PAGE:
Over the last year, I had a curiosity to learn how to make my own pasta. Flags of floured pappardelle, herb-cheese stuffed tortellini, ear-shaped orecchiette, and so much more. It wasn’t just the dough but the technique of how to make shapes, grooves, and keep your ravioli sealed when boiling. How to roll out sfoglia evenly and what tools you need. I question items in my grocery store and stop a minute and think, “Can I make this myself?” Often times, the answer is “yes” and it is far better in taste all of the time. Beyond doubt.
Making Your Dough
It would be colossal to describe here all the various ways to make homemade pasta dough. There are various flours available around the world, some which add egg but others water, general techniques/resting times from northern, southern, and island Italy, and finger work for which type of pasta shape or form you wish to create. Even temperature and the day’s humidity can play a part in the dough’s elasticity. That said, let’s focus on this recipe for today and get cooking together.
To begin your ravioli: 400g of 00 Farina flour and 4 fresh (room temperature) farm eggs. Place flour on clean and floured wooden board and form a circle with a well in the middle. Add your eggs and begin to scramble with a fork then fold in slowly the sides of your well to begin to thicken the dough. Keep egg mixture inside the flour walls. Continue until you reach the wall’s brink then begin to fold with your hands. You want to activate the gluten so set aside 10-15 minutes of kneading – pushing away with the heels of your palms and rolling back with your fingers. Fold and rotate and continue until you reach a silky, smooth texture. If it begins to dry, wet your fingers and slowly hydrate your dough. Once texture is reached, set aside in a bowl and cover with plastic wrap or a clean tea towel, keeping air out. Let the dough rest for 30 minutes.
Preparing Your Ravioli & Cooking
While your dough is resting, in a large bowl combine 400g of spinach which has been squeezed to absolute dry either pressing or with kitchen towels with appx 180g of ricotta cheese. Add a pinch of salt and cracked pepper and mix. Following, grate a proper dusting of Pecorino Romano cheese over your mixture and a pinch of freshly-grated nutmeg. Set filling aside.
If you are like me, you have the standard wooden rolling pin. Although in Italy most home cooks have broom-length rolling pins and wooden pasta boards for rolling that can cover a full dining room table, let’s work with what most of us have. First, divide dough into fourths (if most of us had a bigger space, we could either divide in half or use the entire dough). Take first ball out (keep 3 covered) and begin to massage then roll with your pin into your best shaped circle. Focus on the evenness and consistency. If you have various thickness of pasta it will cook inconsistently and not be with all this effort. Add tiny amounts of flour if your dough is sticking. Set aside your dough sheet on a clean cloth and repeat for the remaining dough balls.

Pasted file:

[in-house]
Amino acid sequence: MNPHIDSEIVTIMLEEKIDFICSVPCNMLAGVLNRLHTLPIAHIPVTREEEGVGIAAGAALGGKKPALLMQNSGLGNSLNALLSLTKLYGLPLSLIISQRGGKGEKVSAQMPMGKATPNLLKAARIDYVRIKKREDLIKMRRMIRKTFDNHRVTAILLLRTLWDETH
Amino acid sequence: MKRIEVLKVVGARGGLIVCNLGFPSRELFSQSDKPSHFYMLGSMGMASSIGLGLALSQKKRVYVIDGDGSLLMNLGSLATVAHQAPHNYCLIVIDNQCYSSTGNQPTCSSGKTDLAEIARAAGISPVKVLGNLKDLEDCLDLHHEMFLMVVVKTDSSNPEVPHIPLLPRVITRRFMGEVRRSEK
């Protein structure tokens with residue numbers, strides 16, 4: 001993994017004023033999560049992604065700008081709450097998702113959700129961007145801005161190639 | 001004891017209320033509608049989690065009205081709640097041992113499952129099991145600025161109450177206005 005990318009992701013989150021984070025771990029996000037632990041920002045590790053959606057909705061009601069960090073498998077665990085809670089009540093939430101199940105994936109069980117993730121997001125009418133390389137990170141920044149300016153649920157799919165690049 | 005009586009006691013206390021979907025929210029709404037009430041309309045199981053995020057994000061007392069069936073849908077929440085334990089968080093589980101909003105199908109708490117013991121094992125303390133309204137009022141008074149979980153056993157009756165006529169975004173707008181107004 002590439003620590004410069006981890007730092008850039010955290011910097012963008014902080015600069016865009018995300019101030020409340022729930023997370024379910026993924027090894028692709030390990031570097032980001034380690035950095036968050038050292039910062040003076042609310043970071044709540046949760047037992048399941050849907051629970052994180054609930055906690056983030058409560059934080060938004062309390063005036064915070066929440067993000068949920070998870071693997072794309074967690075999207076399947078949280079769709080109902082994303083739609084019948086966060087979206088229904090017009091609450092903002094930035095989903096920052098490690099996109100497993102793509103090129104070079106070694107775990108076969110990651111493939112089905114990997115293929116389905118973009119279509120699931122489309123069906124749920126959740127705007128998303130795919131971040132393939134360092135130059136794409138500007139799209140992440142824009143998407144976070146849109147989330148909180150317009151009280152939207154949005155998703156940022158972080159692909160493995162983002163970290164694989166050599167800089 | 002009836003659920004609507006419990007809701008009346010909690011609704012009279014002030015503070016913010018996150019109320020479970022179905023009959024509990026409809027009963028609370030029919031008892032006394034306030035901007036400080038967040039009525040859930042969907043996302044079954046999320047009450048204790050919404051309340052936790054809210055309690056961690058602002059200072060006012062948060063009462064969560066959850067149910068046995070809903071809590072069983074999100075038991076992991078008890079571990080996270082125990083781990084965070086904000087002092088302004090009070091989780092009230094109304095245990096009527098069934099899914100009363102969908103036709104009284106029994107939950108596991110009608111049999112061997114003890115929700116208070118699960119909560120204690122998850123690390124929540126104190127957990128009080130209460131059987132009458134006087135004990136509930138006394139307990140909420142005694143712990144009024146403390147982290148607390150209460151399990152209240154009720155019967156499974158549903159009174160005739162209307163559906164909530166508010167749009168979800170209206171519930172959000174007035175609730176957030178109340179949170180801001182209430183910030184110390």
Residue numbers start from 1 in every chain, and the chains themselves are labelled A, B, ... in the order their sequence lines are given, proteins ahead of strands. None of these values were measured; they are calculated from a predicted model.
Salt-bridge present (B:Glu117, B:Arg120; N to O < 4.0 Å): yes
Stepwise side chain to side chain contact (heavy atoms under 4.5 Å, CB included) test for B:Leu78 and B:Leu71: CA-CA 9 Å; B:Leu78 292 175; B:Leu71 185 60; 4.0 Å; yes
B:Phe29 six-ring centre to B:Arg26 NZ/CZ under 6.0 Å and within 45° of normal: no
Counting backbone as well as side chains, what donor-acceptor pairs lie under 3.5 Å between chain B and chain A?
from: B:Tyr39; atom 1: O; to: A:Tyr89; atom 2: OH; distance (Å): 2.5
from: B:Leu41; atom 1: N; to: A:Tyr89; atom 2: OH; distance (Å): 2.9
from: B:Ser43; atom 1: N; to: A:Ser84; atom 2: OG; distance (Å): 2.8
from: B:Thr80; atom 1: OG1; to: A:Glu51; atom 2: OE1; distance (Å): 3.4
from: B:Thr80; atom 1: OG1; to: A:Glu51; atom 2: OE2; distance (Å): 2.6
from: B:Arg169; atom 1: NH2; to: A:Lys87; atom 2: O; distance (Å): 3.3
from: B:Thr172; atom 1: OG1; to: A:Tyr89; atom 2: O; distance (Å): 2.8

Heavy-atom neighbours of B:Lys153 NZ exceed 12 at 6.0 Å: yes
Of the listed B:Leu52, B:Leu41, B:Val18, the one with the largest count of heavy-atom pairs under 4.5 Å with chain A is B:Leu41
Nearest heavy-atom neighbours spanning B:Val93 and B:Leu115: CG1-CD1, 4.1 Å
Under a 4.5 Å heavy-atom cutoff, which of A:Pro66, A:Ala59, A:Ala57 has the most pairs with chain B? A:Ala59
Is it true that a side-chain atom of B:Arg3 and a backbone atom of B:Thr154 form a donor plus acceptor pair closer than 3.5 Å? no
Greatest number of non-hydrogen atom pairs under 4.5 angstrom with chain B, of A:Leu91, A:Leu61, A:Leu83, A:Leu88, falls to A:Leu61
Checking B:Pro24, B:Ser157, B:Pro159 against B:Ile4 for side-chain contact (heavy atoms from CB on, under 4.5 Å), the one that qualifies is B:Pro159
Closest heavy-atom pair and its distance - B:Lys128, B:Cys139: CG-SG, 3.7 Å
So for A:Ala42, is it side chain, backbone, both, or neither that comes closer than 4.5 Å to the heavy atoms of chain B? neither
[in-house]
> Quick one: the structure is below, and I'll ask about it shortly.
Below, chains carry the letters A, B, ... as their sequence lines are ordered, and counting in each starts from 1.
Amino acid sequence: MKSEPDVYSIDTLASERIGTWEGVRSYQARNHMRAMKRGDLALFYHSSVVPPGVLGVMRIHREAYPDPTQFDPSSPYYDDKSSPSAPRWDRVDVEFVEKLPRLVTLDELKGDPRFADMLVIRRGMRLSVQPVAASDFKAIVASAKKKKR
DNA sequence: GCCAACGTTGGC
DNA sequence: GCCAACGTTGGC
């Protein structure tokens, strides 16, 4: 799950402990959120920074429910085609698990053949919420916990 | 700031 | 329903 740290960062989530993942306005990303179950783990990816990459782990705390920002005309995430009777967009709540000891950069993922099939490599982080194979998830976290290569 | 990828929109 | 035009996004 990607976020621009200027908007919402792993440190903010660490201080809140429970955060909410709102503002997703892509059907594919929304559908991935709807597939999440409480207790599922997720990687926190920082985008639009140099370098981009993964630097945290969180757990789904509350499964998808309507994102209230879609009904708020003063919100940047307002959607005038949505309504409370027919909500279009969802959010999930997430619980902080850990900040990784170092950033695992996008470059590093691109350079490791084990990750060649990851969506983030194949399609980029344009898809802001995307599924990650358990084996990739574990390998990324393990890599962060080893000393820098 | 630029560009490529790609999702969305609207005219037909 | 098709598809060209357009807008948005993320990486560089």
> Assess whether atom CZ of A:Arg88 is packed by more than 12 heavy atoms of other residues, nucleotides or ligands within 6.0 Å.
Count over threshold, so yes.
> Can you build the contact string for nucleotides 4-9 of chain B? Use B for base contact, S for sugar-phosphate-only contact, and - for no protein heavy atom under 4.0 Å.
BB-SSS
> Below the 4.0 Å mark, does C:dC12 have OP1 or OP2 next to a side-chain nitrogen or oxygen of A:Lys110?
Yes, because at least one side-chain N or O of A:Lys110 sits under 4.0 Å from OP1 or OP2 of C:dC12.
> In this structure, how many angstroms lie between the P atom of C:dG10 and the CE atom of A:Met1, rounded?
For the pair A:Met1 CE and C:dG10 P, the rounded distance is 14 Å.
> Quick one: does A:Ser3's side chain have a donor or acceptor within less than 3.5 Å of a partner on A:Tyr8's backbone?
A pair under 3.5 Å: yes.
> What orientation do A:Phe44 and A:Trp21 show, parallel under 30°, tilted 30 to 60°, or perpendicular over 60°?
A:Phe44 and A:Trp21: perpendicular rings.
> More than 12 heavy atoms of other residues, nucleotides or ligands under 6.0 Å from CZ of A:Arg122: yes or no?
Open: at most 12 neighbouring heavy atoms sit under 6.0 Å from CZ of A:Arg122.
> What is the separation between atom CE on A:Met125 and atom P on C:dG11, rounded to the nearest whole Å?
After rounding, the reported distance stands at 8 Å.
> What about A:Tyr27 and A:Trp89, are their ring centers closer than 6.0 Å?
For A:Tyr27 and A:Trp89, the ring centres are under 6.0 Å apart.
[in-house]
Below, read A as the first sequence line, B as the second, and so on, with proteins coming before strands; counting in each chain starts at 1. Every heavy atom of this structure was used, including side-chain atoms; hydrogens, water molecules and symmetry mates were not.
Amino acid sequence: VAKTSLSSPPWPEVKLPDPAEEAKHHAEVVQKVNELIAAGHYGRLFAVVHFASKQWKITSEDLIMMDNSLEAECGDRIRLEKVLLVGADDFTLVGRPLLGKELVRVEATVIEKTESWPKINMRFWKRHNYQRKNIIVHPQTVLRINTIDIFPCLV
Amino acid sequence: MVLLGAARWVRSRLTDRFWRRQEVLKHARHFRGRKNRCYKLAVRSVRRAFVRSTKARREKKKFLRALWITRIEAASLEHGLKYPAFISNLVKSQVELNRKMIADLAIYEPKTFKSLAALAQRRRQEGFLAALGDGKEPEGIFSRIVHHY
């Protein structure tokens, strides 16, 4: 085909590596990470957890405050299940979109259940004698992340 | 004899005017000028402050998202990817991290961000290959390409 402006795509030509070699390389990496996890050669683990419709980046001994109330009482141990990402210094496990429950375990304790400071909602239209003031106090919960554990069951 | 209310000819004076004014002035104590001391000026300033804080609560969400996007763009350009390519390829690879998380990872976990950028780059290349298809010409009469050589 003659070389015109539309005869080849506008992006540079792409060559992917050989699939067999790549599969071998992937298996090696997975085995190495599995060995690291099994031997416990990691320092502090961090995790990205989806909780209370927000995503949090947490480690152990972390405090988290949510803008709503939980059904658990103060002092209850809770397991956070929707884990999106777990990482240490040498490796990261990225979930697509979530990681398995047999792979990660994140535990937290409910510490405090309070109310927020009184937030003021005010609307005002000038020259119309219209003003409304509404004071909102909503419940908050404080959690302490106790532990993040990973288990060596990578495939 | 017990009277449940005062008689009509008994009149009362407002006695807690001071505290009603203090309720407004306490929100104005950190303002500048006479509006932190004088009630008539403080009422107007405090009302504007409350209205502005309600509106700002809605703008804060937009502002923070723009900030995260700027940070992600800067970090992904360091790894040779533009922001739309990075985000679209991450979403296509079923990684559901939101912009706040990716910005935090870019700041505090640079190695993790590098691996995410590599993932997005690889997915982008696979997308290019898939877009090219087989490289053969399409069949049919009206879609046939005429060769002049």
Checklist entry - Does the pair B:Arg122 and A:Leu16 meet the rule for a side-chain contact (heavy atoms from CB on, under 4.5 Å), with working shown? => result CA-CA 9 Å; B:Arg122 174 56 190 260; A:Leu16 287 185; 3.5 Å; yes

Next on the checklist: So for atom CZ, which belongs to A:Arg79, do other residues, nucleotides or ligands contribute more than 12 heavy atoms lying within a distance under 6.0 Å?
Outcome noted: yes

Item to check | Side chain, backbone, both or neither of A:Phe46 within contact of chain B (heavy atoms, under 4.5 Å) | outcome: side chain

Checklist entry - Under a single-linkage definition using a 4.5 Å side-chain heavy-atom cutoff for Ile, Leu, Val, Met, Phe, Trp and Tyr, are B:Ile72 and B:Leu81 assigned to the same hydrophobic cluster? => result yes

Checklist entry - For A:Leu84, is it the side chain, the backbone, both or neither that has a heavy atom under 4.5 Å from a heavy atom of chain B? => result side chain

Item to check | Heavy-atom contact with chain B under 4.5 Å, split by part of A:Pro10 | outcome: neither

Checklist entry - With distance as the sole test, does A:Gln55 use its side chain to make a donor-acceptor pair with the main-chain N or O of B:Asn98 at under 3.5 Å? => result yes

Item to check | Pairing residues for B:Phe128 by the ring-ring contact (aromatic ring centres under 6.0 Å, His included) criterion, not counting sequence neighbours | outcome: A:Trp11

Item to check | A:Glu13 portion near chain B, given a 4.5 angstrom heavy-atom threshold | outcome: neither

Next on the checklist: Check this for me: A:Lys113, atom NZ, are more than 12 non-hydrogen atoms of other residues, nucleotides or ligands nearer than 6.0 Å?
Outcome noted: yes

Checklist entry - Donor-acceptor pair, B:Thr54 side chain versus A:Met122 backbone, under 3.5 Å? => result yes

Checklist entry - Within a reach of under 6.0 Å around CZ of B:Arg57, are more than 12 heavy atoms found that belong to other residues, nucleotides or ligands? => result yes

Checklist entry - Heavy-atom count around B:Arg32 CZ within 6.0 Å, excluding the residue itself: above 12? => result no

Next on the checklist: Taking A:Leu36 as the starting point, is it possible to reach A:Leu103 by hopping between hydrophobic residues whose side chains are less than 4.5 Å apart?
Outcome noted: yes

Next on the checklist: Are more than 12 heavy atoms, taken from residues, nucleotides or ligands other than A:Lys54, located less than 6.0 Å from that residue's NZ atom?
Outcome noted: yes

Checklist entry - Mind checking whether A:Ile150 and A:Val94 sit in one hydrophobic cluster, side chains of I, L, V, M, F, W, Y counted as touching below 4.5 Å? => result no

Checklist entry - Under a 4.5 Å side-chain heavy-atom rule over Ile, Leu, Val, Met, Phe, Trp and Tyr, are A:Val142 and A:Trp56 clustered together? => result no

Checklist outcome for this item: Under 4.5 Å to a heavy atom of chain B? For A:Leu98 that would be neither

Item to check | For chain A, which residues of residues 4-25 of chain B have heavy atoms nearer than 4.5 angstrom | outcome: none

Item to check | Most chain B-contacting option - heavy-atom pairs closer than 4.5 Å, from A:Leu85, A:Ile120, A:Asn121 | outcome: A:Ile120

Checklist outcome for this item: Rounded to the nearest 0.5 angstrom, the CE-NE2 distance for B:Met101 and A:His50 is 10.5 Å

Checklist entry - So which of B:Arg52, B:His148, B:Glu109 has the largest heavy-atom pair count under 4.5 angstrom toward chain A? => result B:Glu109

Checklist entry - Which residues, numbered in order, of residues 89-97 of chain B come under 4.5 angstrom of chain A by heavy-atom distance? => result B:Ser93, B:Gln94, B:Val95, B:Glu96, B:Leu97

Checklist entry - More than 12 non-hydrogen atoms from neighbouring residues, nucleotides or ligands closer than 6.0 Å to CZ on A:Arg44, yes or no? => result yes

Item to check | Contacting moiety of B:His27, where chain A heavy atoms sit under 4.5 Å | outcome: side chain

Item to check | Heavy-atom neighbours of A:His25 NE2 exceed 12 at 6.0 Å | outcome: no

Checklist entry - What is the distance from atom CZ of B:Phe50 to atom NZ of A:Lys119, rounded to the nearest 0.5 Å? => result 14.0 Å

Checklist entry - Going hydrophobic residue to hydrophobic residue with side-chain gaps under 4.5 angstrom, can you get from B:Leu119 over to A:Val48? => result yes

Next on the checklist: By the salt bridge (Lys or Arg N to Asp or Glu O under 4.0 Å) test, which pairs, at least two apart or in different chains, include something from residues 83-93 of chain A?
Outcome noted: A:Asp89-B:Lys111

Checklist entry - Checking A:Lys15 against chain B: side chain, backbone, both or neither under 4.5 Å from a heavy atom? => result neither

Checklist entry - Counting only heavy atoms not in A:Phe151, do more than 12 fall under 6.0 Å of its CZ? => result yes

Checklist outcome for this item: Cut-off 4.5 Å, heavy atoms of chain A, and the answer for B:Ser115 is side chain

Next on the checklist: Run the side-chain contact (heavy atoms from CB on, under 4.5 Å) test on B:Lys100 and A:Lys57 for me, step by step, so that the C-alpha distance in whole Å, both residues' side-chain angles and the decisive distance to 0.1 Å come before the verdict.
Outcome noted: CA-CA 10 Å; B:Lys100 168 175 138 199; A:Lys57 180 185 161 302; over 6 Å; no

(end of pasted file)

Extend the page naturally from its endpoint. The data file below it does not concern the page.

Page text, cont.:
Using a pastry cutting roller or a fine knife, cut your dough into squares appx 2″ / 2 1/2″ or appx 6-7cm. You can decide how large your ravioli will be but make sure the squares are consistent in size. Remember, if you think they are too small they will expand when cooking. Add 1 tbsp of mixture and fold one side over. With slightly wet fingertips, close the remaining 3 sides. Set aside and repeat. Remember, to prevent your mixture from escaping during cooking ensure it is properly sealed. Add flour or water as necessary and take your time – it will be worth it.
In boiling, salted water, carefully add your ravioli. These should cook for appx 10-11 minutes or until your preference (al dente, for example) is reached. While they are cooking, add a tsp of extra virgin olive oil to 6-8 fresh sage leaves to a small fry pan. Lightly fry to release aromas. Add 1/3 cup butter and make your sauce as rich as you desire. Remove ravioli and drain, add them into your butter sauce and combine.
To serve, place in bowl and cover with a generous amount of Pecorino Romano and any garnish that suits you – sage, basil, more black pepper, or toasted nuts like pine or walnut. This recipe will yield appx 16 ravioli and can serve 4 adults. Serve with a garden salad in a wine vinaigrette to enjoy this meal to its absolute fullest with a matching Italian desert.
- For 00 Farina flour for homemade pasta: 100g requires 1 egg. If making tagliatelle, 200g and 2 eggs will suffice. Because you are folding ravioli, the recipe is doubled to account for top and bottom pasta layer.
- Spinach must be dry. I let my spinach rest in a colander before I push the excess water out, wrap in paper kitchen towels, wring out water then chop/air dry on a cutting board.
- You could use Semola flour for this recipe, as they do in the south, which is a bit more hearty. It is also vegan-friendly. For every 100g of Semola flour it is 50g of room temperature water.
- Keep dough covered to prevent dryness
- Take your time and find your technique how to close your ravioli. Above all, ensure they have the same thickness.
- I always find when kneading, food tastes better if you think of someone when you do. Enjoy the kneading time and think of someone you love. It will always taste and come out better in the end.